C. megalodon teeth are the largest of any shark, extinct or living, and are among the most sought after types of shark teeth in the world.

Onzole Formation

Onzole
The formation consists of a shallow marine sandstone member containing many fish fossils, among which megalodon, and a deep water member comprising tuffaceous shales and mudstones containing gastropods, bivalves and scaphopods.

Marine life

marinemarine animalsea life
Megalodon probably had a major impact on the structure of marine communities.
Megalodon is an extinct species of shark that lived about 28 to 1.5 Ma. It looked much like a stocky version of the great white shark, but was much larger with fossil lengths reaching 20.3 m. Found in all oceans it was one of the largest and most powerful predators in vertebrate history, and probably had a profound impact on marine life.

Carcharodon

Carcharodon caifassiiCarcharodon cf. carchariasCarcharodon hastalis
The teeth of megalodon are morphologically similar to those of the great white shark (Carcharodon carcharias), and on the basis of this observation, Agassiz assigned megalodon to the genus Carcharodon.
Carcharocles megalodon is still argued by some paleontologists (e.g. Michael D. Gottfried and Ewan Fordyce) to be a close relative of Carcharodon carcharias.

Cretolamna

Cretolamna appendiculataCretalamnaC. appendiculata
The genus Otodus is ultimately derived from Cretolamna, a shark from the Cretaceous period.
It is considered by many to be the ancestor of many of the famous shark genera, such as the mako, great white, Carcharocles angustidens, and Carcharocles megalodon sharks.

Paleocene

PalaeoceneLate PaleocenePaleocene epoch
This is because transitional fossils have been found showing that Megalodon is the final chronospecies of a lineage of giant sharks originally of the genus Otodus which evolved during the Paleocene. Another model of the evolution of this genus, also proposed by Casier in 1960, is that the direct ancestor of the Carcharocles is the shark Otodus obliquus, which lived from the Paleocene through the Miocene epochs, 60 mya to 13 mya.
The first megatoothed shark, Otodus obliquus–the ancestor of the giant megalodon–is recorded from the Paleocene.

Otodus

Otodus obliquusPalaeogenotodus
Another model of the evolution of this genus, also proposed by Casier in 1960, is that the direct ancestor of the Carcharocles is the shark Otodus obliquus, which lived from the Paleocene through the Miocene epochs, 60 mya to 13 mya.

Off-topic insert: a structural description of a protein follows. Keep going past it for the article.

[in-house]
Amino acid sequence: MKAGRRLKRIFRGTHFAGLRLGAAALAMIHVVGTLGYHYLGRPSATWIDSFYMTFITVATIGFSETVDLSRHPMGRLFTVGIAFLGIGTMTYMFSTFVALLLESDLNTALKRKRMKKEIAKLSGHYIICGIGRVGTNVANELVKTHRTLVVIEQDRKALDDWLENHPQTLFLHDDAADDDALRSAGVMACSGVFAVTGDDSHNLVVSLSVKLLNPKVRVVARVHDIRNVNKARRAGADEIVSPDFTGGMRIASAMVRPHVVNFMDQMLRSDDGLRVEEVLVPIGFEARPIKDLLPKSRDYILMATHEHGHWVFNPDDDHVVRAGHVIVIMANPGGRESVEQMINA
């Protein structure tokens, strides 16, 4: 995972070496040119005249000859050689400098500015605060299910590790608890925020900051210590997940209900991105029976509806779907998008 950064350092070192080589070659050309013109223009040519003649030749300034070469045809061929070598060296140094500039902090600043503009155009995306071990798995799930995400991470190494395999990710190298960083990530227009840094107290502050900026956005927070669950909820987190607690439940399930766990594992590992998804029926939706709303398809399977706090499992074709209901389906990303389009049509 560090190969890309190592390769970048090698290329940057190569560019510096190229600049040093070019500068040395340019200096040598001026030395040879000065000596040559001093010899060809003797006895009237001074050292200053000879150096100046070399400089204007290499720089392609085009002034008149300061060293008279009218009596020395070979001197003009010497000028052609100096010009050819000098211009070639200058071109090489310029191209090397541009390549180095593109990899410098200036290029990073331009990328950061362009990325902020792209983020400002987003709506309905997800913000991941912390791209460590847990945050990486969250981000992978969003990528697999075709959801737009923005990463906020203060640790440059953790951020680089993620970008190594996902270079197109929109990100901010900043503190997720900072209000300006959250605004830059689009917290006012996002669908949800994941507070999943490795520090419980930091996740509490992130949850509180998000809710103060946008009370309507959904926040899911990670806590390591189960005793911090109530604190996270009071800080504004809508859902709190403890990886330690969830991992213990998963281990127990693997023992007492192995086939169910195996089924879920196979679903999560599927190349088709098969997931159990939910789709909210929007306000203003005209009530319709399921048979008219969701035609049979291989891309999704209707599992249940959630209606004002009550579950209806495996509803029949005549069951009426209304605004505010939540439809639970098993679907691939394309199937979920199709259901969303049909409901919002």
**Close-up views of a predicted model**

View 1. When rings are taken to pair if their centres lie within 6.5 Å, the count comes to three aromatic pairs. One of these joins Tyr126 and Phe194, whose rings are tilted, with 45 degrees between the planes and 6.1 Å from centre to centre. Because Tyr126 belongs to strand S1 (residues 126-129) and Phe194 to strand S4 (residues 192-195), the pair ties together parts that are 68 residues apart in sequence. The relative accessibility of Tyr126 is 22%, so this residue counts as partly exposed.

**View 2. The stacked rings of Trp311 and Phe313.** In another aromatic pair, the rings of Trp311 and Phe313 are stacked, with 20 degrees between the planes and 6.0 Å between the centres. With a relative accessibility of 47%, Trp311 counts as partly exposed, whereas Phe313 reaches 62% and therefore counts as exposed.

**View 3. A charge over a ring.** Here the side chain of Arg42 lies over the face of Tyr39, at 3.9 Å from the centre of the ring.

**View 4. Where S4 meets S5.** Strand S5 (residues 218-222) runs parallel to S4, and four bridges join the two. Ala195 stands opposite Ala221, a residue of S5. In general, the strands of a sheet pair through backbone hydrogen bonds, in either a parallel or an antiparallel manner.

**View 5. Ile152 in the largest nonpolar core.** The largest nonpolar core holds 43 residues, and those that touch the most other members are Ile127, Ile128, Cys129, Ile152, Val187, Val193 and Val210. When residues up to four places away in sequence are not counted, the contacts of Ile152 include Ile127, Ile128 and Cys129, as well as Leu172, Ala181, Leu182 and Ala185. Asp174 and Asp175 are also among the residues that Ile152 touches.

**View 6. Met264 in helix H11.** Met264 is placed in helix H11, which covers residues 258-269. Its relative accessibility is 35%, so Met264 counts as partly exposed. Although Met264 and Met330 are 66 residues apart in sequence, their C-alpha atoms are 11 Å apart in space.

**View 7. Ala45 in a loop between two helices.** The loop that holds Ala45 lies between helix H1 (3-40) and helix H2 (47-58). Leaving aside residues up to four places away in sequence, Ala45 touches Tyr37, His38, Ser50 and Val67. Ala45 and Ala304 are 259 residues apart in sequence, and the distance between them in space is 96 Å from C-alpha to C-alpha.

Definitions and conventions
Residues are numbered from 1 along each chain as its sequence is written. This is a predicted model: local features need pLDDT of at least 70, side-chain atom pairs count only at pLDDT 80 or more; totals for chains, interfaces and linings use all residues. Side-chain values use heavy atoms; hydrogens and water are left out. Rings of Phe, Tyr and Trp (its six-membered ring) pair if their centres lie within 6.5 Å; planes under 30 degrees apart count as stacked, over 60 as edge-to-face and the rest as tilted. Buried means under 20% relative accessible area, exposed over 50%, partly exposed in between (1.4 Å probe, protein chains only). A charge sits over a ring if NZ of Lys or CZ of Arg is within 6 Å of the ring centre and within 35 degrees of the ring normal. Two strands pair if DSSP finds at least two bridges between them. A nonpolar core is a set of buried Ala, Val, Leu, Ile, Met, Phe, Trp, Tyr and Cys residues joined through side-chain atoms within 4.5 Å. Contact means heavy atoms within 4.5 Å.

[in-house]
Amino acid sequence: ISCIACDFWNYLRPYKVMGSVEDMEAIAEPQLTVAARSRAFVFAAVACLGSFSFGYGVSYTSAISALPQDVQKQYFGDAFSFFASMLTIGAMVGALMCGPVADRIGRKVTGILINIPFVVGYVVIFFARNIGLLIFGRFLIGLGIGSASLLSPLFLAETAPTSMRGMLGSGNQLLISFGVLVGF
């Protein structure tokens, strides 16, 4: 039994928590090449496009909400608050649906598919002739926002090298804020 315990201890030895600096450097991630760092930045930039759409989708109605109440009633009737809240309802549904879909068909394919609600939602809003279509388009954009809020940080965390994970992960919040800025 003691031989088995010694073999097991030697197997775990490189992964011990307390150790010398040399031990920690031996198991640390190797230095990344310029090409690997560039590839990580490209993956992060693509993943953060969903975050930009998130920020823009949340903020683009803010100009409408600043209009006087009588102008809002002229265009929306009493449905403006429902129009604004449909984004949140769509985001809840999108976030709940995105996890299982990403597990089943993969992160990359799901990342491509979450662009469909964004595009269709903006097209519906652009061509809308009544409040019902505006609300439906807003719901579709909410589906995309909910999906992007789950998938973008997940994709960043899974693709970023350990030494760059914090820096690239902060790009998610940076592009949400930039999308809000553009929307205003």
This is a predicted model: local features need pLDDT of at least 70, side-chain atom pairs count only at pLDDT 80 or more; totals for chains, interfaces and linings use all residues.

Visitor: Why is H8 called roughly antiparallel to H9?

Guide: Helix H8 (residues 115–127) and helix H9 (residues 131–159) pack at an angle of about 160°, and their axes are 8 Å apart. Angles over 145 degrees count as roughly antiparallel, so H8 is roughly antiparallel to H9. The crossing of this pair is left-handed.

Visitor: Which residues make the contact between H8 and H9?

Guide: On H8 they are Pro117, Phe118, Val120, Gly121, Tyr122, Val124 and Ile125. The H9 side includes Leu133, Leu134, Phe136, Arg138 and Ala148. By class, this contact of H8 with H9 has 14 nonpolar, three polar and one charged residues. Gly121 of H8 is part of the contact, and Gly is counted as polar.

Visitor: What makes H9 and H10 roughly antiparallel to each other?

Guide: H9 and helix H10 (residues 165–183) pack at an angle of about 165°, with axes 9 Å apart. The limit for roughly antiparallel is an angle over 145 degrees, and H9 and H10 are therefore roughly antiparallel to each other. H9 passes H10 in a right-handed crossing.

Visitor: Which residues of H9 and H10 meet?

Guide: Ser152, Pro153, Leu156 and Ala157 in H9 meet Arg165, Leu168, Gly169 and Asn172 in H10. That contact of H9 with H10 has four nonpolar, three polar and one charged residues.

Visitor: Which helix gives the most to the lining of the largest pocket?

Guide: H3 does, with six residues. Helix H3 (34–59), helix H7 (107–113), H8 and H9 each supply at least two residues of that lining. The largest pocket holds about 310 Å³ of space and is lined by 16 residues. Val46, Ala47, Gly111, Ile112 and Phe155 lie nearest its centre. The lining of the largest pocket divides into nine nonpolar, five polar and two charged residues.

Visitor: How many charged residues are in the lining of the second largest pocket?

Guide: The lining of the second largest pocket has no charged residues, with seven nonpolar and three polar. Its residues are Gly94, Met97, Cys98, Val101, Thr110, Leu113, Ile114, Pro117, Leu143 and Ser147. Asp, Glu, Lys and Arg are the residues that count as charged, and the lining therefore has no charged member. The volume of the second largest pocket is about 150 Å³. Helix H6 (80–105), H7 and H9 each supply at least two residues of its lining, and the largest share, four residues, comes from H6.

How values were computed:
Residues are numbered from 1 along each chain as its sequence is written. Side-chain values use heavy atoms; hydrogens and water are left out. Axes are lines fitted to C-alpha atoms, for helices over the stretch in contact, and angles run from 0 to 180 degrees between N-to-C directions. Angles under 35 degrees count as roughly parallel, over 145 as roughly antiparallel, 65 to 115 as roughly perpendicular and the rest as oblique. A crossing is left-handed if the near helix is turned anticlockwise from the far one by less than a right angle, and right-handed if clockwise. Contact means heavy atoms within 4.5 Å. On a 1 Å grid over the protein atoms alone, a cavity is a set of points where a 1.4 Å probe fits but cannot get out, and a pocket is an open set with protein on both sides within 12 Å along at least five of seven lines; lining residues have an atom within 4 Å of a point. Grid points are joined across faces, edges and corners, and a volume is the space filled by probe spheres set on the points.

Scientists determined that Otodus evolved into the genus Carcharocles, given substantial fossil evidence in the form of transitional teeth.

Macroraptorial sperm whale

macroraptorial
The animal faced competition from whale-eating cetaceans, such as Livyatan and other macroraptorial sperm whales, and possibly smaller ancestral killer whales.
Macroraptorials probably competed with the extinct giant shark megalodon for the same food sources.

Highlands Formation

It preserves fossils of Megalodon dating back to the Pliocene period.

Miocene

Late MioceneEarly MioceneMiddle Miocene
Another model of the evolution of this genus, also proposed by Casier in 1960, is that the direct ancestor of the Carcharocles is the shark Otodus obliquus, which lived from the Paleocene through the Miocene epochs, 60 mya to 13 mya.
Prominent examples are C. megalodon and L. melvillei.

Pliocene

Pliocene epochLate PlioceneEarly Pliocene
It has been thought that megalodon became extinct around the end of the Pliocene, about 2.6 mya; claims of Pleistocene megalodon teeth, younger than 2.6 million years old, are considered unreliable.
The Pliocene seas were alive with sea cows, seals, sea lions and sharks.

Red Crag Formation

Red CragWaltonian Red Crag
At the coastline by Walton-on-the-Naze, remains of Megalodon were found.

Megalolamna

Megalolamna paradoxodon
The discovery of fossils assigned to the genus Megalolamna in 2016 led to a re-evaluation of Otodus, which concluded that it is paraphyletic, that is, it consists of a last common ancestor but it does not include all of its descendants.
The study of Megalolamna 's taxonomic relationships also demonstrates the possibility that Otodus needs to include the species sometimes assigned to Carcharocles (i.e., the megatoothed lineage, including megalodon) in order to be monophyletic.